It is not as if the evangelical and environmental groups are collaborating, because the wedge between them remains deep, Mr. Cizik said. He added that evangelicals had long been uncomfortable with what they perceived to be the environmentalists' support for government regulation, population control and, if they are not entirely secular, new-age approaches to religion.

Over the last three years, evangelical leaders like Mr. Cizik have begun to reconsider their silence on environmental questions. Some evangelicals have spoken out, but not many. Among them is the Rev. Jim Ball of the Evangelical Environmental Network, who in 2002 began a "What Would Jesus Drive?" campaign and drove a hybrid vehicle across the country.

Mr. Cizik said that Mr. Ball "dragged" him to a conference on climate change in 2002 in Oxford, England. Among the speakers were evangelical scientists, including Sir John Houghton, a retired Oxford professor of atmospheric physics who was on the Intergovernmental Panel on Climate Change, a committee that issued international reports.

Sir John said in an interview that he had told the group that science and faith together provided proof that climate change should be a Christian concern.

Mr. Cizik said he had a "conversion" on climate change so profound in Oxford that he likened it to an "altar call," when nonbelievers accept Jesus a their savior. Mr. Cizik recently bought a Toyota Prius, a hybrid vehicle.

Mr. Cizik and Mr. Ball then asked Sir John to speak at a small meeting of evangelical leaders in June in Maryland called by the Evangelical Environmental Network, the National Association of Evangelicals and Christianity Today, the magazine. The leaders read Scripture and said they were moved by three watermen who caught crabs in Chesapeake Bay and said their faith had made them into environmentalists.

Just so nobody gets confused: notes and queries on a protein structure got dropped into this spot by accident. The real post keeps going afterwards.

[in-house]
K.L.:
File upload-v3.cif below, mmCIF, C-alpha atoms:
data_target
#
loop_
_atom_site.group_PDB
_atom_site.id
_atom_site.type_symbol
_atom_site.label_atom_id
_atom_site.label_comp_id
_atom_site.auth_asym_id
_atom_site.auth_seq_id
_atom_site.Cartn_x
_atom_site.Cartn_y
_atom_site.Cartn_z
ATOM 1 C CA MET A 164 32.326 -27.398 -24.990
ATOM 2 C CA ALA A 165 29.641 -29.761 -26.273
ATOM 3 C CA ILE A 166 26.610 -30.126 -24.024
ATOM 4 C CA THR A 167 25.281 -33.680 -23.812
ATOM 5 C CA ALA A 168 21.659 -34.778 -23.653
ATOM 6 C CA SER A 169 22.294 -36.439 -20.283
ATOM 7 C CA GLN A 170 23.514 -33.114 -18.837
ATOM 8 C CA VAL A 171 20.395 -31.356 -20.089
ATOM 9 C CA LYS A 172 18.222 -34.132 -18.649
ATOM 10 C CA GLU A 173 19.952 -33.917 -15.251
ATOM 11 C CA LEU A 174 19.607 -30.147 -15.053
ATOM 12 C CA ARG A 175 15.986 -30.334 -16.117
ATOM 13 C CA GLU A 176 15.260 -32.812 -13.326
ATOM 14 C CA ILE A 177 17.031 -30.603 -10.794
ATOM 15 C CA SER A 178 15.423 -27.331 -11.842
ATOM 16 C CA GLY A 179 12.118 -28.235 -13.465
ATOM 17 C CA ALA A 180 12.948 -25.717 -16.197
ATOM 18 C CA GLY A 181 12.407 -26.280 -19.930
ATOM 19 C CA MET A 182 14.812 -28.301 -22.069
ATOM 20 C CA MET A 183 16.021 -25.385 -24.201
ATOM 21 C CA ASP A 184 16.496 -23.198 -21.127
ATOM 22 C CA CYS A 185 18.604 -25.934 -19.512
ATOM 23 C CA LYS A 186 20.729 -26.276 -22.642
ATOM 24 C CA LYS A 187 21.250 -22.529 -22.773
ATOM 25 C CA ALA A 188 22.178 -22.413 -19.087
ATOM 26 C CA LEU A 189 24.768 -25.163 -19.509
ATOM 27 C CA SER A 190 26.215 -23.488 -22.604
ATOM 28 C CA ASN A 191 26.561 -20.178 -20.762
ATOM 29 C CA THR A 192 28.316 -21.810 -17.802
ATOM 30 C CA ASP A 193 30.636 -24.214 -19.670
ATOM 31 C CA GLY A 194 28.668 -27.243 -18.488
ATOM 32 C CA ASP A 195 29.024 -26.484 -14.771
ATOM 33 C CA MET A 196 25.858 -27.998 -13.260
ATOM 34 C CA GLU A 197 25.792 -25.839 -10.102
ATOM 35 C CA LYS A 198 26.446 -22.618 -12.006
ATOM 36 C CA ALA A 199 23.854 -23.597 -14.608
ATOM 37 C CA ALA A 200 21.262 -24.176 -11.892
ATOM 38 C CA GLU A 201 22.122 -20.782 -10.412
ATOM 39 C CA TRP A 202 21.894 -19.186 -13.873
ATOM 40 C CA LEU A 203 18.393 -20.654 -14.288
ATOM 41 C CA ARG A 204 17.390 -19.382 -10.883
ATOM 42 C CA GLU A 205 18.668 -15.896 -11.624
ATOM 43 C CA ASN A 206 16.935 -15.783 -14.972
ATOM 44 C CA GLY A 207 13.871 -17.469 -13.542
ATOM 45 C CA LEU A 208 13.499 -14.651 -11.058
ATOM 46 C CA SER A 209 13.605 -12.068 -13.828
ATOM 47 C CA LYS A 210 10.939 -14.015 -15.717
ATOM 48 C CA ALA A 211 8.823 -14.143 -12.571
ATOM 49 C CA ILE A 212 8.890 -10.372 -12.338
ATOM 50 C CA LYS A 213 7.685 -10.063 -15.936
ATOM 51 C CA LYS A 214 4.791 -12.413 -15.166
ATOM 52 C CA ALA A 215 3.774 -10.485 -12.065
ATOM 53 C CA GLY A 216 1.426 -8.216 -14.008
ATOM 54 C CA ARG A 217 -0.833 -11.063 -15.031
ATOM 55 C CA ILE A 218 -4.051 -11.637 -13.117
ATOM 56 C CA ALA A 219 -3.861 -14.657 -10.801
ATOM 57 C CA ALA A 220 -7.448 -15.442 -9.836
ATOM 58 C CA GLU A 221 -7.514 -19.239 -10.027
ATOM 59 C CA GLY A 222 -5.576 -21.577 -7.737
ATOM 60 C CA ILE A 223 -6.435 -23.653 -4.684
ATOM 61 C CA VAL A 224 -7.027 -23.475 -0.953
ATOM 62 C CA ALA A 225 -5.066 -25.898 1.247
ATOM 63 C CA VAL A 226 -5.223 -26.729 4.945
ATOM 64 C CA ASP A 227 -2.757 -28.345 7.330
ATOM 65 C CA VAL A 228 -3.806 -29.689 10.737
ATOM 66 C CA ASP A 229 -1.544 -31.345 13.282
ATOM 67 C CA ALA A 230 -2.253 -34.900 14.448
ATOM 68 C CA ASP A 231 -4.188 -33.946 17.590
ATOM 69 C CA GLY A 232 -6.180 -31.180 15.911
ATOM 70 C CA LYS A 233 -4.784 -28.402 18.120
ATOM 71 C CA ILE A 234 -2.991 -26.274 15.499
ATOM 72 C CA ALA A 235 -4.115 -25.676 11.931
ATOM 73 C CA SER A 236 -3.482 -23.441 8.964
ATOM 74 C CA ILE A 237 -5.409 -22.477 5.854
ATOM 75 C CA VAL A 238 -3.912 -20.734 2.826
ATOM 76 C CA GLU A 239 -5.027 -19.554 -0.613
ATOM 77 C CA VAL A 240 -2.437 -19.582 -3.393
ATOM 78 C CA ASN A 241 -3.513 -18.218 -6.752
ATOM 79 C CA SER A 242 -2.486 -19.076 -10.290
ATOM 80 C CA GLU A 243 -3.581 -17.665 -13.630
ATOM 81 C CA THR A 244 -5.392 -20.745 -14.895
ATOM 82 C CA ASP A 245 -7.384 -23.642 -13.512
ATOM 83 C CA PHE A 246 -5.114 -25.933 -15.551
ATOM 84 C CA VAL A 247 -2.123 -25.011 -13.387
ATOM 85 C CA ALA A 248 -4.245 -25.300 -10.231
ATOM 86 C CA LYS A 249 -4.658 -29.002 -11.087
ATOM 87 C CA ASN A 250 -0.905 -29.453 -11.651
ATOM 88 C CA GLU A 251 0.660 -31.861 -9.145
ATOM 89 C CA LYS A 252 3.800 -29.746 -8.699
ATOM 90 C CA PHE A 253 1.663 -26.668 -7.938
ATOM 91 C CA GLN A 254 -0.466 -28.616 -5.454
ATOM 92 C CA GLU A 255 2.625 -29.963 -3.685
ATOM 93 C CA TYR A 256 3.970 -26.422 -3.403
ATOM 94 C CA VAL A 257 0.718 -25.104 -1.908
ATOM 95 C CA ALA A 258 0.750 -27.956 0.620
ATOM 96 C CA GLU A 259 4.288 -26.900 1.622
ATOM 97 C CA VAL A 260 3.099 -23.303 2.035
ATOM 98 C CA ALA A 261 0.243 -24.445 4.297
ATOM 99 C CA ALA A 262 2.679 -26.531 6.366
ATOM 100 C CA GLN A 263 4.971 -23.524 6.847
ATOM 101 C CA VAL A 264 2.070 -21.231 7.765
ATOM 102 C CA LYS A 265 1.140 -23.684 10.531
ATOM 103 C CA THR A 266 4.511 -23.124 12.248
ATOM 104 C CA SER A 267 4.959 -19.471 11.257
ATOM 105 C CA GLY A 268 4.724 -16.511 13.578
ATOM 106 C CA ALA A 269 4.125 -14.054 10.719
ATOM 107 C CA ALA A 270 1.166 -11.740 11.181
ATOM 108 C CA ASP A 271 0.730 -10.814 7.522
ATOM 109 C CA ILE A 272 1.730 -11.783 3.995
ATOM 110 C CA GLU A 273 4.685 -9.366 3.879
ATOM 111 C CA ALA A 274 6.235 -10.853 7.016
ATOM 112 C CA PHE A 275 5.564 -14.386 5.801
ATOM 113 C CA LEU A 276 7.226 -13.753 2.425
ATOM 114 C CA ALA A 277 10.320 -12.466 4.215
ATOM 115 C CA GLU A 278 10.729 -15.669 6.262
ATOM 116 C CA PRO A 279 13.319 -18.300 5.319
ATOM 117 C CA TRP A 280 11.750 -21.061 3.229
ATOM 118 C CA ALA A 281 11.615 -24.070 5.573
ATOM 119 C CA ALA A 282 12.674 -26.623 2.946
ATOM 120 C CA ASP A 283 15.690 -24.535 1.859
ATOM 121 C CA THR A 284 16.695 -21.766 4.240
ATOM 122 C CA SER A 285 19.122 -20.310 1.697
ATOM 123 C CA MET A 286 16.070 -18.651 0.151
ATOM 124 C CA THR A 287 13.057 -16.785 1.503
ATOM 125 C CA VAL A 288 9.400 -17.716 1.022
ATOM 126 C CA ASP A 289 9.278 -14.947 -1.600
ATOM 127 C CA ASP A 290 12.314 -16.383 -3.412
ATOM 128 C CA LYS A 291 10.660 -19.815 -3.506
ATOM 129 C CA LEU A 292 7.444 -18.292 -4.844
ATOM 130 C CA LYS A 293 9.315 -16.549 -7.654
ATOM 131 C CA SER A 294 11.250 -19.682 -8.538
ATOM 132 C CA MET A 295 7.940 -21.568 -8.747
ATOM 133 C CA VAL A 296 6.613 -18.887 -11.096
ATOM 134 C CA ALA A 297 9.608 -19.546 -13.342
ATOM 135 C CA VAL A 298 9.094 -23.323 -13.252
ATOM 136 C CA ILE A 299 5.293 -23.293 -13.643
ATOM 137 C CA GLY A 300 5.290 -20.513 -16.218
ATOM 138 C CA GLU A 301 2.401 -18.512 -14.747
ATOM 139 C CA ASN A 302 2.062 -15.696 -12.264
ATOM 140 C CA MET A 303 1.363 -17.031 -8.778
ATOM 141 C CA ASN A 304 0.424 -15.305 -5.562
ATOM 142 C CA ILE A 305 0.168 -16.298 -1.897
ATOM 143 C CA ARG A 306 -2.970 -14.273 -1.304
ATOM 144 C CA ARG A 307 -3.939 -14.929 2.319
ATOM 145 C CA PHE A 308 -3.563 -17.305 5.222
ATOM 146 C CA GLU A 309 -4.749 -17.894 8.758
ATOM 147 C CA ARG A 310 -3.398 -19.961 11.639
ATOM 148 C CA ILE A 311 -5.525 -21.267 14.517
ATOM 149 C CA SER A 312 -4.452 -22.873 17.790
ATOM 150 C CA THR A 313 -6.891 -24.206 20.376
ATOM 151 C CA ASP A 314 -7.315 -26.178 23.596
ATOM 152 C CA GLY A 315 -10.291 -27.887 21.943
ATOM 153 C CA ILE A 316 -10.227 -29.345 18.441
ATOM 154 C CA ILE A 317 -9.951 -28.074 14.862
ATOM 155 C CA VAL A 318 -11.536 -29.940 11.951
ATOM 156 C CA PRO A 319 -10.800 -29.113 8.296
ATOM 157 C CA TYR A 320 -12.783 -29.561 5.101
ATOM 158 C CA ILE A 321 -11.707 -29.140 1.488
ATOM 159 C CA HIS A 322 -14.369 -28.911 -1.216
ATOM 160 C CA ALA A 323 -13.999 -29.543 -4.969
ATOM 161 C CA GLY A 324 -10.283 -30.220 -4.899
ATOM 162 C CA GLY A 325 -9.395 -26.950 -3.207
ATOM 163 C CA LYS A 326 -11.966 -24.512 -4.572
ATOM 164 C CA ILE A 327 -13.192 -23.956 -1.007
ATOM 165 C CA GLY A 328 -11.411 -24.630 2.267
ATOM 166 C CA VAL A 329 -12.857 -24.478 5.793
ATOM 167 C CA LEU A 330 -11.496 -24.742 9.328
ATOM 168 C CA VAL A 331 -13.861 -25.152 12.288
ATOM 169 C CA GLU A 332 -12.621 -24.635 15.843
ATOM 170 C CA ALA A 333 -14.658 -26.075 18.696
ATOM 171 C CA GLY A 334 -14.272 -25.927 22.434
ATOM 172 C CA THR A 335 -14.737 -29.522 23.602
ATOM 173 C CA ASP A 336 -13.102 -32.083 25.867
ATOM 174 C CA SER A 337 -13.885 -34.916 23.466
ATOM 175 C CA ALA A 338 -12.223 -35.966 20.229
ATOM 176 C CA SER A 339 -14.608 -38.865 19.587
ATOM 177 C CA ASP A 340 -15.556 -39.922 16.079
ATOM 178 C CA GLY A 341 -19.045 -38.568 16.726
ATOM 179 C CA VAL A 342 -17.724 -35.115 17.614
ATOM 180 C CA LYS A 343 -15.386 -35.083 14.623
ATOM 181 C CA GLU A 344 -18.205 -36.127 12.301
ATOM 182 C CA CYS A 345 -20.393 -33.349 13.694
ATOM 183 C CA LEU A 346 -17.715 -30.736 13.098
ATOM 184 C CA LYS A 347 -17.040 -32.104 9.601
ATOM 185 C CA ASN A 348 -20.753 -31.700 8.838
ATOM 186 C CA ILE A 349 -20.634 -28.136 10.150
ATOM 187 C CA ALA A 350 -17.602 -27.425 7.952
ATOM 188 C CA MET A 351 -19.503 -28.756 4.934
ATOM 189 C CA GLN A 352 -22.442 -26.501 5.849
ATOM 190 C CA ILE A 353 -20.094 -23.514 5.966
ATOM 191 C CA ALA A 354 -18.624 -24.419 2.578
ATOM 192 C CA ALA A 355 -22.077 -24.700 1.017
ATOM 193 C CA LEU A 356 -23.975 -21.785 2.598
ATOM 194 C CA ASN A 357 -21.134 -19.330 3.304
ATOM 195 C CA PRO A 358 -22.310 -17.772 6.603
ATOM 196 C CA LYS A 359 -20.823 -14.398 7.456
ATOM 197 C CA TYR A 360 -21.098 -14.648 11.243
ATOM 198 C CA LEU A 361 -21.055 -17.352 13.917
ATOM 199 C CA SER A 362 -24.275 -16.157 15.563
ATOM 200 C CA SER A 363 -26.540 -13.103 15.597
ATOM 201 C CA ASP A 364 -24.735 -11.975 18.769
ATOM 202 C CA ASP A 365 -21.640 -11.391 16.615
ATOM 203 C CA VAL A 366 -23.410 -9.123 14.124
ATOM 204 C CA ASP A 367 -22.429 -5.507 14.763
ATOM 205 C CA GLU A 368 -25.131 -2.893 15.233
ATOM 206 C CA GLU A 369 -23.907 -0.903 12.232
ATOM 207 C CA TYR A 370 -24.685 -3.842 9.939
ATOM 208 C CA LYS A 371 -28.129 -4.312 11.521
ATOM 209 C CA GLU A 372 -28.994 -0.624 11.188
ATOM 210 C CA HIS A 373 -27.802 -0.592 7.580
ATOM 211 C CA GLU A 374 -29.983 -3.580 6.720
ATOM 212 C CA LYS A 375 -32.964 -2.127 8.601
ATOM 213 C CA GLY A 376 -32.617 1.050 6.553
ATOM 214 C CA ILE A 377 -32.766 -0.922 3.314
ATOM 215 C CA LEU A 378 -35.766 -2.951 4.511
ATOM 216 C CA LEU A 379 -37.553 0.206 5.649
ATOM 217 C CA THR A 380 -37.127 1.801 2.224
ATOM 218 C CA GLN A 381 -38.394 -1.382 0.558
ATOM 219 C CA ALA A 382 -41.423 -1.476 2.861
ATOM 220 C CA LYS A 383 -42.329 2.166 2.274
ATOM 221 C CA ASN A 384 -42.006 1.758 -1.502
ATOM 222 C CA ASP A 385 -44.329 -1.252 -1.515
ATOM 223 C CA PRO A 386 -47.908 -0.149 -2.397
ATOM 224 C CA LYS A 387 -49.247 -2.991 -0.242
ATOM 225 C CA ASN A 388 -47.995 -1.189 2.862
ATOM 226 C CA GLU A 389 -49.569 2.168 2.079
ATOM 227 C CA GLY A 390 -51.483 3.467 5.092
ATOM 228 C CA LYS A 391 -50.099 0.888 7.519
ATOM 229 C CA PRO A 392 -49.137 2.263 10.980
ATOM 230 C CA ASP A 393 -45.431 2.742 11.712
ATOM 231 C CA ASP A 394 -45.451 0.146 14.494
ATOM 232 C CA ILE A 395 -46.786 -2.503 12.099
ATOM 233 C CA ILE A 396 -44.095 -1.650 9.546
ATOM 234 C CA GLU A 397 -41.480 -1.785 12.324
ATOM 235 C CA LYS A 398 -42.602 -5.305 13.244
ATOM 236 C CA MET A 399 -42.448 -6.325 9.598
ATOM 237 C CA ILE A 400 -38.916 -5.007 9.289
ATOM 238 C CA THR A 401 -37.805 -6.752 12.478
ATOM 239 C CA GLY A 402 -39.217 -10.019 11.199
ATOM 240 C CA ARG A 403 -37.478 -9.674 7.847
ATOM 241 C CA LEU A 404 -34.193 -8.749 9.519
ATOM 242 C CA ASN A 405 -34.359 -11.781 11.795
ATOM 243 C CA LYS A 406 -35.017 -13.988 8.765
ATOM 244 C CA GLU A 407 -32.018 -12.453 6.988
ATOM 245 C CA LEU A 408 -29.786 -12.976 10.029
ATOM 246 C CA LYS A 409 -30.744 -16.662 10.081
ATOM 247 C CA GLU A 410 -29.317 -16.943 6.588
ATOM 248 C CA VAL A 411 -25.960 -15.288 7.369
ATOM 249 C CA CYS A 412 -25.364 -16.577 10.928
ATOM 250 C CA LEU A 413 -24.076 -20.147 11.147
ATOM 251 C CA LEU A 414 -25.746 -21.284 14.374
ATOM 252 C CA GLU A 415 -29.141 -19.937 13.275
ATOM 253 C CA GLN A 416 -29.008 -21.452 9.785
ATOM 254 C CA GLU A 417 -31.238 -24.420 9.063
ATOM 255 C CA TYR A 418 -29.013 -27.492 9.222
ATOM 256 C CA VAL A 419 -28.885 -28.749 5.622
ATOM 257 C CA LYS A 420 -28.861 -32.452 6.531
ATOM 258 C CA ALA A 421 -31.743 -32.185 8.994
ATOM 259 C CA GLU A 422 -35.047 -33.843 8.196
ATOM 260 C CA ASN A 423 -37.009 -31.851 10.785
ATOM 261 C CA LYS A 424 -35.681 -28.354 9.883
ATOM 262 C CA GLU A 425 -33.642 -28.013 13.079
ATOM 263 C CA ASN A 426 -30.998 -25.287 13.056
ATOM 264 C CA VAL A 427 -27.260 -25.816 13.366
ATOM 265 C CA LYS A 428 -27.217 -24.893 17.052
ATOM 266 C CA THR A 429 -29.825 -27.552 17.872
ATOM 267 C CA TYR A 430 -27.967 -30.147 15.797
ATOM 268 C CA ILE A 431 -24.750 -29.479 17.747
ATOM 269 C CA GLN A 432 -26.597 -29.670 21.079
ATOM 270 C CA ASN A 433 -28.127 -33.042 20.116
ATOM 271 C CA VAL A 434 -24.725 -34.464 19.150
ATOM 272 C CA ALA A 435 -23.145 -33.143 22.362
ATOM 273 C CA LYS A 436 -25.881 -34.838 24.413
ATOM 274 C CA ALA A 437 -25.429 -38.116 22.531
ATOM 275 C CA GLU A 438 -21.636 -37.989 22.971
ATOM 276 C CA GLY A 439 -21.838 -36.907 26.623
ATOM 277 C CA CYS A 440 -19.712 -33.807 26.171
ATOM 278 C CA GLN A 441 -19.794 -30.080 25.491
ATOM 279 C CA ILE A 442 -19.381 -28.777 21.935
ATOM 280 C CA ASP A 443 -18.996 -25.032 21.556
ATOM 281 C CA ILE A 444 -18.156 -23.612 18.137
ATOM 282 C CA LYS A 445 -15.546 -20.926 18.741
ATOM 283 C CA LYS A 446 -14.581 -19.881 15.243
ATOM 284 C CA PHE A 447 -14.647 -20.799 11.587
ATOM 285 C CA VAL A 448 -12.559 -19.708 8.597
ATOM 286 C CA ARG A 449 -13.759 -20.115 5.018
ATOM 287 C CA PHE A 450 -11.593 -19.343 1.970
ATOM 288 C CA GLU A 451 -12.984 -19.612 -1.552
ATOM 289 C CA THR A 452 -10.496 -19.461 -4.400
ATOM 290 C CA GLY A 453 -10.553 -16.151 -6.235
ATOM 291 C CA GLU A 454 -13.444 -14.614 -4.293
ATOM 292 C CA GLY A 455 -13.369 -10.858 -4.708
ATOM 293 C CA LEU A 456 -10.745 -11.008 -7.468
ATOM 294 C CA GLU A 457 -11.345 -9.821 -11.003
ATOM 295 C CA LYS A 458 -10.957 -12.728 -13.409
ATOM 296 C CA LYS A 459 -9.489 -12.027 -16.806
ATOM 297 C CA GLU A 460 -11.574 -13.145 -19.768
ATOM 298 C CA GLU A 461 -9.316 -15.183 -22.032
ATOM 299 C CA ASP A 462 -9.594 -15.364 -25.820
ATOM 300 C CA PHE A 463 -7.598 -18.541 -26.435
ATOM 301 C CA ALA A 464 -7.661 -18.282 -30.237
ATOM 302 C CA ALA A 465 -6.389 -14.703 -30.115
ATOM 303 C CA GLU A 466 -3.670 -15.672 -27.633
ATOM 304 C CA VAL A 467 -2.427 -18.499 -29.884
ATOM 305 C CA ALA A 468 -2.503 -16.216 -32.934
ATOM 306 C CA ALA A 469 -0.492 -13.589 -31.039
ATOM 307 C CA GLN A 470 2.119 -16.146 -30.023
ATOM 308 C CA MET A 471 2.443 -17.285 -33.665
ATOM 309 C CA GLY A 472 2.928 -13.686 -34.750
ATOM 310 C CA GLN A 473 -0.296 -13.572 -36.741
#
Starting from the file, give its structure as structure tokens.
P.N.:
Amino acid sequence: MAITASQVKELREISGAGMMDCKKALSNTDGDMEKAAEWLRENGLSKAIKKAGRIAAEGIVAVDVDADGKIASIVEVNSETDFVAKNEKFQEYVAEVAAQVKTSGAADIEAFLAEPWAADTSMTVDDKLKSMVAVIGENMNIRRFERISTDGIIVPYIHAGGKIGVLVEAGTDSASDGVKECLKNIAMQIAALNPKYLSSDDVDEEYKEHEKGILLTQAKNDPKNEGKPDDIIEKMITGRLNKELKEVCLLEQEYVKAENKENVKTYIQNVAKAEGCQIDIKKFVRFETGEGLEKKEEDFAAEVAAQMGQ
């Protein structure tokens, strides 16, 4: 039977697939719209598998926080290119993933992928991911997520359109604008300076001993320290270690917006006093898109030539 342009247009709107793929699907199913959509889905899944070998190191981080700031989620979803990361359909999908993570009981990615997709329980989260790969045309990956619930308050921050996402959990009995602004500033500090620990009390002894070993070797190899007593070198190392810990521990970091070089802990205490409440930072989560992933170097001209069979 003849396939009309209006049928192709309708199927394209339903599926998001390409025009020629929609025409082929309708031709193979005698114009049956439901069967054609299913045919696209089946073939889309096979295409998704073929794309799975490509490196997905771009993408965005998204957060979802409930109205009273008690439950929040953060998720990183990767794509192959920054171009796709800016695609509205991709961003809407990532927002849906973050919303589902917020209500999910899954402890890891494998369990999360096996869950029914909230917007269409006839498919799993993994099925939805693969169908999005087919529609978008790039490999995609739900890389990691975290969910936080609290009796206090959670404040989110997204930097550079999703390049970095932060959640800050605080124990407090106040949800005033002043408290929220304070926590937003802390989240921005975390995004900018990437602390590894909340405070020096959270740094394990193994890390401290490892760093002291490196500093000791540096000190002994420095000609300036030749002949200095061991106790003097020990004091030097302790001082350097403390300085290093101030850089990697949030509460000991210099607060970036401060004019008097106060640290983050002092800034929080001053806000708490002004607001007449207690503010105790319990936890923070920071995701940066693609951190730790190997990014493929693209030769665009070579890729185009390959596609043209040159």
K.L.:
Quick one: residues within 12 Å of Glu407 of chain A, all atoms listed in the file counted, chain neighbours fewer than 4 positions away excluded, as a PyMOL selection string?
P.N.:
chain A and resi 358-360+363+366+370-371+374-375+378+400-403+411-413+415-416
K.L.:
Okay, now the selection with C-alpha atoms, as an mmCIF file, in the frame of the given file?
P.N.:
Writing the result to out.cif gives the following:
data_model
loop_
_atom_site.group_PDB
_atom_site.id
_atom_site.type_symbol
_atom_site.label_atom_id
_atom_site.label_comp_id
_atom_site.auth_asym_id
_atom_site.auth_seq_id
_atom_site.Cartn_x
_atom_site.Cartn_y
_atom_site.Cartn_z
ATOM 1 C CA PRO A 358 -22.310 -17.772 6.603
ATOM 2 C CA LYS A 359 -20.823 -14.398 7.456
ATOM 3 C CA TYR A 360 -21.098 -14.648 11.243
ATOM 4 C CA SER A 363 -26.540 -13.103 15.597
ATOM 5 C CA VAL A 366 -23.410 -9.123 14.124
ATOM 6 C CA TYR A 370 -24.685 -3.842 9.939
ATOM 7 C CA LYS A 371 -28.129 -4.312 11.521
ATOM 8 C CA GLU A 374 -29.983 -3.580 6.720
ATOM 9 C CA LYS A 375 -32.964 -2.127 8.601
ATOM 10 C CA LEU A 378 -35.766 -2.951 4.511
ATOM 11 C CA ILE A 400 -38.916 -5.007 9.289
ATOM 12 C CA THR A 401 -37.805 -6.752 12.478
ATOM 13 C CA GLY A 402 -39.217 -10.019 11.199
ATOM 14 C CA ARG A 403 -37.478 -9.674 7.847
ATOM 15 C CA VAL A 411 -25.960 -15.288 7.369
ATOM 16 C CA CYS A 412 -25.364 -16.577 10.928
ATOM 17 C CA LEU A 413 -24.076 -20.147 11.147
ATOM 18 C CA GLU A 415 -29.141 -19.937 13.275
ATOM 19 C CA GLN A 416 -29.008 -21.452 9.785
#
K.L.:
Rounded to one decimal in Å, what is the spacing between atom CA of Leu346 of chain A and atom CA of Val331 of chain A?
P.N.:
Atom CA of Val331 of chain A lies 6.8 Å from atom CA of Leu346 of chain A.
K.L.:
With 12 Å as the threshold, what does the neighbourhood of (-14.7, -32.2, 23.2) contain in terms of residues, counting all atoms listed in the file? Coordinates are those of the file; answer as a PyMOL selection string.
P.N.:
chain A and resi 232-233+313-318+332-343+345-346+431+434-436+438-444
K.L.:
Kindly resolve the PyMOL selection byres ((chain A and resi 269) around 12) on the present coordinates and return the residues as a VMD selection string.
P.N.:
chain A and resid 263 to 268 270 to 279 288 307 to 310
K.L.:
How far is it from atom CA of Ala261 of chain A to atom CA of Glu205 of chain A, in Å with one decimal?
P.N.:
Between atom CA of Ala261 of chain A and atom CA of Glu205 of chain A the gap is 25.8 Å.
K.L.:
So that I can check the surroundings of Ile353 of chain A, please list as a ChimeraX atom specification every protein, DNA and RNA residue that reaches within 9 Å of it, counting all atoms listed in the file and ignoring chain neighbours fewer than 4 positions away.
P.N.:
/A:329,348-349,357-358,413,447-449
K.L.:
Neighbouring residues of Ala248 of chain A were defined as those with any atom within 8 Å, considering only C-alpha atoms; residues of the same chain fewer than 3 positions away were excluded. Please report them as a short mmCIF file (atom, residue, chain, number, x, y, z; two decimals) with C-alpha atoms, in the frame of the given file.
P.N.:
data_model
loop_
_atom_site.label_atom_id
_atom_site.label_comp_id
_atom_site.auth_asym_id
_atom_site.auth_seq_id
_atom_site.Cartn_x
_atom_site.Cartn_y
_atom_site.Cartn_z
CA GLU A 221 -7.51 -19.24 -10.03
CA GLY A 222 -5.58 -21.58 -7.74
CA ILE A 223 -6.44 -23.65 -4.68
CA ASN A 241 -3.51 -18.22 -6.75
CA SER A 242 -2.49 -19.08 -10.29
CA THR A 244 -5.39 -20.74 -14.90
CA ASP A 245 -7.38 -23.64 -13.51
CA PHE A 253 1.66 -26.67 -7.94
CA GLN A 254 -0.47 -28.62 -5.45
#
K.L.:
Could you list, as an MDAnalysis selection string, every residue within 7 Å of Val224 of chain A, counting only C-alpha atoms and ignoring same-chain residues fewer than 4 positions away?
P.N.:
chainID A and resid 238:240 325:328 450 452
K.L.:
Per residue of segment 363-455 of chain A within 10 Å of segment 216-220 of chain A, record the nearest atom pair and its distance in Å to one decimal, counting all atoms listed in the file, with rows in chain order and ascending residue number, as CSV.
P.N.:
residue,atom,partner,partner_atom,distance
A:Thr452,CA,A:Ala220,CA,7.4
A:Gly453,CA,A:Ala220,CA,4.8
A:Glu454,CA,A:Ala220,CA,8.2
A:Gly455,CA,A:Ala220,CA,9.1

Those leaders produced a "covenant" in which 29 committed to "engage the evangelical community" on climate change and to produce a "consensu statement" within a year.

Soon, Christianity Today ran an editorial endorsing a bill sponsored by Senator John McCain, Republican of Arizona, along with Mr. Lieberman, that would include binding curbs on heat-trapping gases. Mr. Ball said the strongest moral argument he made to fellow evangelicals was that climate change would have disproportionate effects on the poorest regions in the world. Hurricanes, droughts and floods are widely expected to intensify as a result of climate change.

Evangelical leaders of relief and development organizations had been very receptive, he said.

"Christ said, 'What you do to the least of these you do to me,' " Mr. Ball said. "And so caring for the poor by reducing the threat of global warming is caring for Jesus Christ."

Among those speaking at the two meetings this week are Sir John and Dr. Mack McFarland, environmental manager for DuPont, who is to describe how hi company has greatly reduced emissions of heat-trapping gases.

Such an approach appeals to evangelicals, Mr. Haggard said, adding, "We want to be pro-business environmentalists."

Mr. Cizik said he was among many evangelicals who would support some regulation on heat-trapping gases.

"We're not adverse to government-mandated prohibitions on behavioral sin such as abortion," he said. "We try to restrict it. So why, if we're social tinkering to protect the sanctity of human life, ought we not be for a little tinkering to protect the environment?"

Mr. Lieberman added: "Support from the evangelical and broader religiou community can really move some people in Congress who feel some sense of moral responsibility but haven't quite settled on an exact policy response yet. This could be pivotal."

Copyright 2005 The New York Times Company